Figuring out your next career move might be stressful.
If you’re like most people, you probably used to plan your career forward. Once you were in the workforce for a while, you might have shifted to planning it “backwards.”
When you are young, you plan forward. You try to find a field you might like. You look to join a company with lots of opportunities for you. You look for more money, more responsibility, more experience.
After a while, you probably set more concrete goals. You start to plan backwards from those goals. You want to be manager of this or head of that or land some other specific position. You figure out the steps necessary to get there and you work toward those goals.
Eventually you might find it hard to plan in these forward or backward ways. You might need to do something different.
At a certain point it becomes hard to figure out new concrete goals about specific jobs you might want to aspire to. And you might feel like taking a new job just for the money or some other vague future opportunity isn’t all that exciting anymore.
You might feel a little stuck. Frustrated. Confused.
It’s stressful to have lots of aspirations and plenty of experience but not know what to do next.
It might be time for less thinking and more action. It might be time to improvise a bit.
Working without a plan
Instead of thinking of how to write the best script, you might want to simply get moving.
I don’t mean quitting your job or making a hasty decision. I’m talking about experimentation.
I’m talking about low-risk, high-reward action.
Here’s the deal.
You already know that you learn the most from experience. It’s from experience that you learn how things really work. Experience teaches you which things you like and which things you don’t like.
Experience also gives you new skills. And new insights into what might be possible.
Why not take that lesson and apply it now? In a low-risk, but high-reward scenario.
I’m talking about a little side hustle.
Working the side hustle
A side hustle is simply your own little pet project. It’s something you squeeze into the margins of your current life.
You keep your full time job, but you take on something on the side too.
Many people do this for money or for passion. But I’m talking about doing it to learn.
To learn more about yourself, your interests, and your future. To learn what you might be capable of. To learn what you might be interested in. And to learn what might not work.
As an example, maybe you are thinking about shifting into a career in marketing.
Your side hustle experiment could be to volunteer to run the marketing for a local community group.
Imagine reading books, downloading podcasts, and studying trends in marketing and then actually applying those lessons in your volunteer position.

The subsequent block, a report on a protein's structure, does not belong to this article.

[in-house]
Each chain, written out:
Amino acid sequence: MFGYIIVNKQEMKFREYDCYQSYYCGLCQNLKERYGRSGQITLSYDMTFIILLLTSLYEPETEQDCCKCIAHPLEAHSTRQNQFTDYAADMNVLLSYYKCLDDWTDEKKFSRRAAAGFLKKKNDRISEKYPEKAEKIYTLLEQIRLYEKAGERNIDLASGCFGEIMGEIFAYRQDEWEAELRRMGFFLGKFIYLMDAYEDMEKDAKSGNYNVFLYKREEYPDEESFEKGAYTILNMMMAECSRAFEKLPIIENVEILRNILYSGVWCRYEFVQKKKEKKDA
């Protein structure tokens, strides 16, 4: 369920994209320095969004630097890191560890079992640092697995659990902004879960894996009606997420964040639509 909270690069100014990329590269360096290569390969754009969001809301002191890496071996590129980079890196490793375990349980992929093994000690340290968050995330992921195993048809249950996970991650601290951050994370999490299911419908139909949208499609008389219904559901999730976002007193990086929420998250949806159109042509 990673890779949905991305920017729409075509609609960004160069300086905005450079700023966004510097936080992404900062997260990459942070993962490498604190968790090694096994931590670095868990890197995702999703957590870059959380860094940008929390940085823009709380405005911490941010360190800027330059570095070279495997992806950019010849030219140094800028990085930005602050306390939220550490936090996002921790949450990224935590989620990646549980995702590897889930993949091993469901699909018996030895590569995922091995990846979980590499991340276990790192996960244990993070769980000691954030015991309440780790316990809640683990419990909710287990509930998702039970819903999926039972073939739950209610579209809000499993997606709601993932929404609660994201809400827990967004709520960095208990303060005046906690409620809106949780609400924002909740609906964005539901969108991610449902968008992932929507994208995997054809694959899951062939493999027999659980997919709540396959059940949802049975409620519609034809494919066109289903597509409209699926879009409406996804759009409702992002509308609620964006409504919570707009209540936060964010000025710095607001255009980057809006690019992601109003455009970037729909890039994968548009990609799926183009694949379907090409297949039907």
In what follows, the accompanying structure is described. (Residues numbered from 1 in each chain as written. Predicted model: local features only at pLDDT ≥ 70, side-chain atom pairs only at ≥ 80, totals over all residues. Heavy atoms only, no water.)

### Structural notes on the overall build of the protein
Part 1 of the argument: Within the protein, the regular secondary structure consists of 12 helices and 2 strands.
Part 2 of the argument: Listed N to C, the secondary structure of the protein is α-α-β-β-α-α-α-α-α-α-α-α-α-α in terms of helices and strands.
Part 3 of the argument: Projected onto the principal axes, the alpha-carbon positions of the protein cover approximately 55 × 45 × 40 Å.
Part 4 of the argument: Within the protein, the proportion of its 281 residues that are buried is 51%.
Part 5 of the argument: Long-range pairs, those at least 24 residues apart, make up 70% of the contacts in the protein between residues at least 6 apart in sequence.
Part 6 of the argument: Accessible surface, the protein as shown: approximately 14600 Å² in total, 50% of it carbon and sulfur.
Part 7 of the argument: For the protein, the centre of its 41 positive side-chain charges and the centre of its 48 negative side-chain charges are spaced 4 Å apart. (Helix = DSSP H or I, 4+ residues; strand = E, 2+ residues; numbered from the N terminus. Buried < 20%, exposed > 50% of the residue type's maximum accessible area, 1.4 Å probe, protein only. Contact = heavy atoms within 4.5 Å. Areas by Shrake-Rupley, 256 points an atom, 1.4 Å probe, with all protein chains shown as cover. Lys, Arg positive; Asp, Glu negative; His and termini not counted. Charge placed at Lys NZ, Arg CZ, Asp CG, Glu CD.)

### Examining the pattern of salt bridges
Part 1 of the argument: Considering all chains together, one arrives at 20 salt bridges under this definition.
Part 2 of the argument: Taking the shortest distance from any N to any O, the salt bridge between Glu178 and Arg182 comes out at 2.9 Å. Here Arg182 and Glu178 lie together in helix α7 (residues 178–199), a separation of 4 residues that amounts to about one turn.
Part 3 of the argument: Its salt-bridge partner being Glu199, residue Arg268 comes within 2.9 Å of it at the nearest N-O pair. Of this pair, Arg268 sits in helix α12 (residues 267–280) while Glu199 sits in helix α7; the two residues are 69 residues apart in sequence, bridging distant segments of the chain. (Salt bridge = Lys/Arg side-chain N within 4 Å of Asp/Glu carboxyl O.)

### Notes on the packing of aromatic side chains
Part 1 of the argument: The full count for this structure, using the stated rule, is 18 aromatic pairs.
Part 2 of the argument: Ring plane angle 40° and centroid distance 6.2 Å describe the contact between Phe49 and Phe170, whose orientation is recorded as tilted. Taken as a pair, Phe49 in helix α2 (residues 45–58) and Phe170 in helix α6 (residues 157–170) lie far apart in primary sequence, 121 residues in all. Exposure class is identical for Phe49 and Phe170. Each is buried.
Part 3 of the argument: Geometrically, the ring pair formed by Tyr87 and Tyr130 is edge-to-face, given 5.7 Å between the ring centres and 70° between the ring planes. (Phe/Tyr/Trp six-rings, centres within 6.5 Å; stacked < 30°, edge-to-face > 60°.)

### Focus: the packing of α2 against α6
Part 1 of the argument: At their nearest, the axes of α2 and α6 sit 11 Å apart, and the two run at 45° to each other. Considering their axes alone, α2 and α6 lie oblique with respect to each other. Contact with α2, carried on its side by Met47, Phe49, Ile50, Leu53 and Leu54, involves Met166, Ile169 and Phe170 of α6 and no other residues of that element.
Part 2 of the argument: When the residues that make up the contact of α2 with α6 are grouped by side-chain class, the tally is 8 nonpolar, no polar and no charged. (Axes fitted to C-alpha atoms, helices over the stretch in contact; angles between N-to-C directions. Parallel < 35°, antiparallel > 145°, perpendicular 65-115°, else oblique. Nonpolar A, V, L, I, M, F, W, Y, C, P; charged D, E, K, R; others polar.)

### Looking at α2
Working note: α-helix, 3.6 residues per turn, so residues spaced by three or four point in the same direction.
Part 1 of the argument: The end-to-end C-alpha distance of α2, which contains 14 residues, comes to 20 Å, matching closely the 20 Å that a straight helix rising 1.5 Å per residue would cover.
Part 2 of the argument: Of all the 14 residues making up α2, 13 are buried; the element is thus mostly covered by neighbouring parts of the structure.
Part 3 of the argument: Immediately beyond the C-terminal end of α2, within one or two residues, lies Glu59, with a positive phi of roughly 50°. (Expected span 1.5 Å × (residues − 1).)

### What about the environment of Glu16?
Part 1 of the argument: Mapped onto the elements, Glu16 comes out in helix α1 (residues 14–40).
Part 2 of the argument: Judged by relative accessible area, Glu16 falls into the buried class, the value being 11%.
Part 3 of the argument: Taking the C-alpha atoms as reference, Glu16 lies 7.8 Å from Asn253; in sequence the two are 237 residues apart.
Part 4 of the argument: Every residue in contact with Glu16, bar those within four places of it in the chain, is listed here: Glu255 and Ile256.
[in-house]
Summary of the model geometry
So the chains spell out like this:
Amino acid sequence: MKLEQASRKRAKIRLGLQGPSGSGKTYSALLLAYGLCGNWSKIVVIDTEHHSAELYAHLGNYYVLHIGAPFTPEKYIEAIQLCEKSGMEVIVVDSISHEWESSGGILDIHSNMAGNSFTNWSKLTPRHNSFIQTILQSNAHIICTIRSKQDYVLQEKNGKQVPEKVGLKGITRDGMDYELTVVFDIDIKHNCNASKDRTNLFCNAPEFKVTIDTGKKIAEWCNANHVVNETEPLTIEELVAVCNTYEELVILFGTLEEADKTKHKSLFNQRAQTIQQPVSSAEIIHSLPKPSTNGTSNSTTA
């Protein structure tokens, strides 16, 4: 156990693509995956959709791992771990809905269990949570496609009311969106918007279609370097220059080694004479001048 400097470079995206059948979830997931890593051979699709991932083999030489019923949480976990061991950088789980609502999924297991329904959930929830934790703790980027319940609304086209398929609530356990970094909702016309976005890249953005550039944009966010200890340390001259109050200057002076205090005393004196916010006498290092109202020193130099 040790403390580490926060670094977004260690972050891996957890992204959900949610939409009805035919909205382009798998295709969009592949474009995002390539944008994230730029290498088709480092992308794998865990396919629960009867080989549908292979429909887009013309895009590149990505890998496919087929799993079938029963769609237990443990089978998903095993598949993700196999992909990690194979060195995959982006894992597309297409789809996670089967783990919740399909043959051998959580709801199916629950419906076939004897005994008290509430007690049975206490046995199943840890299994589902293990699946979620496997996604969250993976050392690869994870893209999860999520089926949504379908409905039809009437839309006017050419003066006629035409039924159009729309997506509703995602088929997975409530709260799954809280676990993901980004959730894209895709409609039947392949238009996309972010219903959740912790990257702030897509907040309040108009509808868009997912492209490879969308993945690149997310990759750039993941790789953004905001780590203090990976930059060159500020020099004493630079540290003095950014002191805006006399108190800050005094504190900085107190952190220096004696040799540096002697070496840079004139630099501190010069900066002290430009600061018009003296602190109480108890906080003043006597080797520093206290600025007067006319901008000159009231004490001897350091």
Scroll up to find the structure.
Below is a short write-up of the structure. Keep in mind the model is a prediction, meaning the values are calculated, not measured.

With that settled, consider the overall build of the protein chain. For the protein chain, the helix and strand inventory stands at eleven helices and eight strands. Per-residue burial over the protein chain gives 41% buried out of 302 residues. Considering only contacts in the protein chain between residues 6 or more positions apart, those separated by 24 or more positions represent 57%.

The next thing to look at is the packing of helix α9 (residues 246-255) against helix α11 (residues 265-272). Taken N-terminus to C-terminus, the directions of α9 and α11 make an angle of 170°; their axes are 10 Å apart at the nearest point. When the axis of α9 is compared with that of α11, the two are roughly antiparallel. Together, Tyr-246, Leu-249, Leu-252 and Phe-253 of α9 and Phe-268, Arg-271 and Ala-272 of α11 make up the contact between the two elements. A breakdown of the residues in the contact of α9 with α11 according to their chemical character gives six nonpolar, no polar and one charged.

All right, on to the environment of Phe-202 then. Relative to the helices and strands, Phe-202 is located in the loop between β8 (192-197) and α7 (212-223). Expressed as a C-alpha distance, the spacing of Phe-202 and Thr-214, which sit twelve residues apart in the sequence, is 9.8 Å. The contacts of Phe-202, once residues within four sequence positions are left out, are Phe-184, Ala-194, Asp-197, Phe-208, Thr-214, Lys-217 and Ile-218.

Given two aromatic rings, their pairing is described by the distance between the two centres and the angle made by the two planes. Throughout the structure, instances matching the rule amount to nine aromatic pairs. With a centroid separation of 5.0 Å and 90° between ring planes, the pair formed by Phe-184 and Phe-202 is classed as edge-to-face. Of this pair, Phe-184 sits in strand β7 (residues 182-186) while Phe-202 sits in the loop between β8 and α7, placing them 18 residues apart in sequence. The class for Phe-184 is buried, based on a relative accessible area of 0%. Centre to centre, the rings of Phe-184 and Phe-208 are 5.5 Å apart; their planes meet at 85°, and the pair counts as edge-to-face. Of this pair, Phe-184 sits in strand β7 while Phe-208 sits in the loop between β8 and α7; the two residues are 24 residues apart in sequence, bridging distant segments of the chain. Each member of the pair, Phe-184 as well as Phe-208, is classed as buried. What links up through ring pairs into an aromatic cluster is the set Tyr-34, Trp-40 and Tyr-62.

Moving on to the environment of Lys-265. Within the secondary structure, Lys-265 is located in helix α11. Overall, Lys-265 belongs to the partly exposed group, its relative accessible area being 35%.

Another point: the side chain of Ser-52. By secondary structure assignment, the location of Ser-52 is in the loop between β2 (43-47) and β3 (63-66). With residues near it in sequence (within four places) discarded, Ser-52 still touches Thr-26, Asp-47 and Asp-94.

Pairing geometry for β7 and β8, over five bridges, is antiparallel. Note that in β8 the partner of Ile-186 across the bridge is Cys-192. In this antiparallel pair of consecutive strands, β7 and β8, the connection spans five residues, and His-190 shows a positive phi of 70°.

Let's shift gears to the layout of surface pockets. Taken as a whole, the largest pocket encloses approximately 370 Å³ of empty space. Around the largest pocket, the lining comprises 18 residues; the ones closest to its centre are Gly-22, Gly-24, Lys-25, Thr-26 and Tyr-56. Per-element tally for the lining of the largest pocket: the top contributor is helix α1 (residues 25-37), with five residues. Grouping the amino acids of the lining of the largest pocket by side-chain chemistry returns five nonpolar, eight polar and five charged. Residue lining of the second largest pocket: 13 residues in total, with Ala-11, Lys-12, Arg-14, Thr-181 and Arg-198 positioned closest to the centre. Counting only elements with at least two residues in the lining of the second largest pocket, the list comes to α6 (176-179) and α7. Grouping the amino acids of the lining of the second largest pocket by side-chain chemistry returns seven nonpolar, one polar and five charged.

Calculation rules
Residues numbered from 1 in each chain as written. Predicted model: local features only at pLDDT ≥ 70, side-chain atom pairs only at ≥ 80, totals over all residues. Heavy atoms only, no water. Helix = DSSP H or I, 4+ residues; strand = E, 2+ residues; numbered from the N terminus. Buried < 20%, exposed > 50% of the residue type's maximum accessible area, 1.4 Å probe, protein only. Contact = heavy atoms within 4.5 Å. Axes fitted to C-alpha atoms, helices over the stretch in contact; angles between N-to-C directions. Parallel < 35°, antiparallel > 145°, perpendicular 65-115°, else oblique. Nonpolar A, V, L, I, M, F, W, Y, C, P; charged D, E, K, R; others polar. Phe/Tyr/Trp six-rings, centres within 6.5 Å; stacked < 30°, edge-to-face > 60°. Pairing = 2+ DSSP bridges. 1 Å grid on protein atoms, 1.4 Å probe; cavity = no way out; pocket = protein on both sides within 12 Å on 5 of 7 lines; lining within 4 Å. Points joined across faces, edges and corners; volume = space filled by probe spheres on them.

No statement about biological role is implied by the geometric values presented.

Consider what you might learn by trying to figure out how to restructure a web page or execute a Facebook ad campaign or starting a newsletter for the group.
Your side hustle will drive you to learn. Applying the lessons in the real-world will teach you more. The emotional journey you go through personally will help you gain wisdom.
The same is true if you wanted to try your hand at accounting or programming or project management.
Stretching at work
You can also do this in your day job.
Maybe you can volunteer to serve on a committee. Or get onto a cross-functional team. You might be able to find any number of ways to stretch yourself a bit.
Taking on a different role for a small project, using a different skill set, or working with new people are good ways to do a little “side hustle” right there in your regular job.
Keep in mind that you are looking for low-risk, high-reward opportunities to gain experience. You are running a little experiment to see if you like working new or different angles. You are looking for a chance to develop new skills. You are looking for ways to grow and learn.
The extra benefit of doing this sort of thing in your current job is that it shows great initiative and it lets people see other capabilities you can bring to the table.
Career planning can be stressful. And, at a certain point, planning takes a back seat to action.
You are going to learn more by doing new things than you ever could by just thinking about or talking about doing new things.
You need to experiment.
Setting yourself up with a side hustle is a great way to go far afield into new territory. You might stretch yourself too far. You might fail.
But it’s ok to fail and learn something if the stakes are low.
You can do the same thing at work. You might not stretch too far, but even a little stretch into new territory can help you learn valuable lessons about where you might want to go next.
And it will help you to have more fun along the way.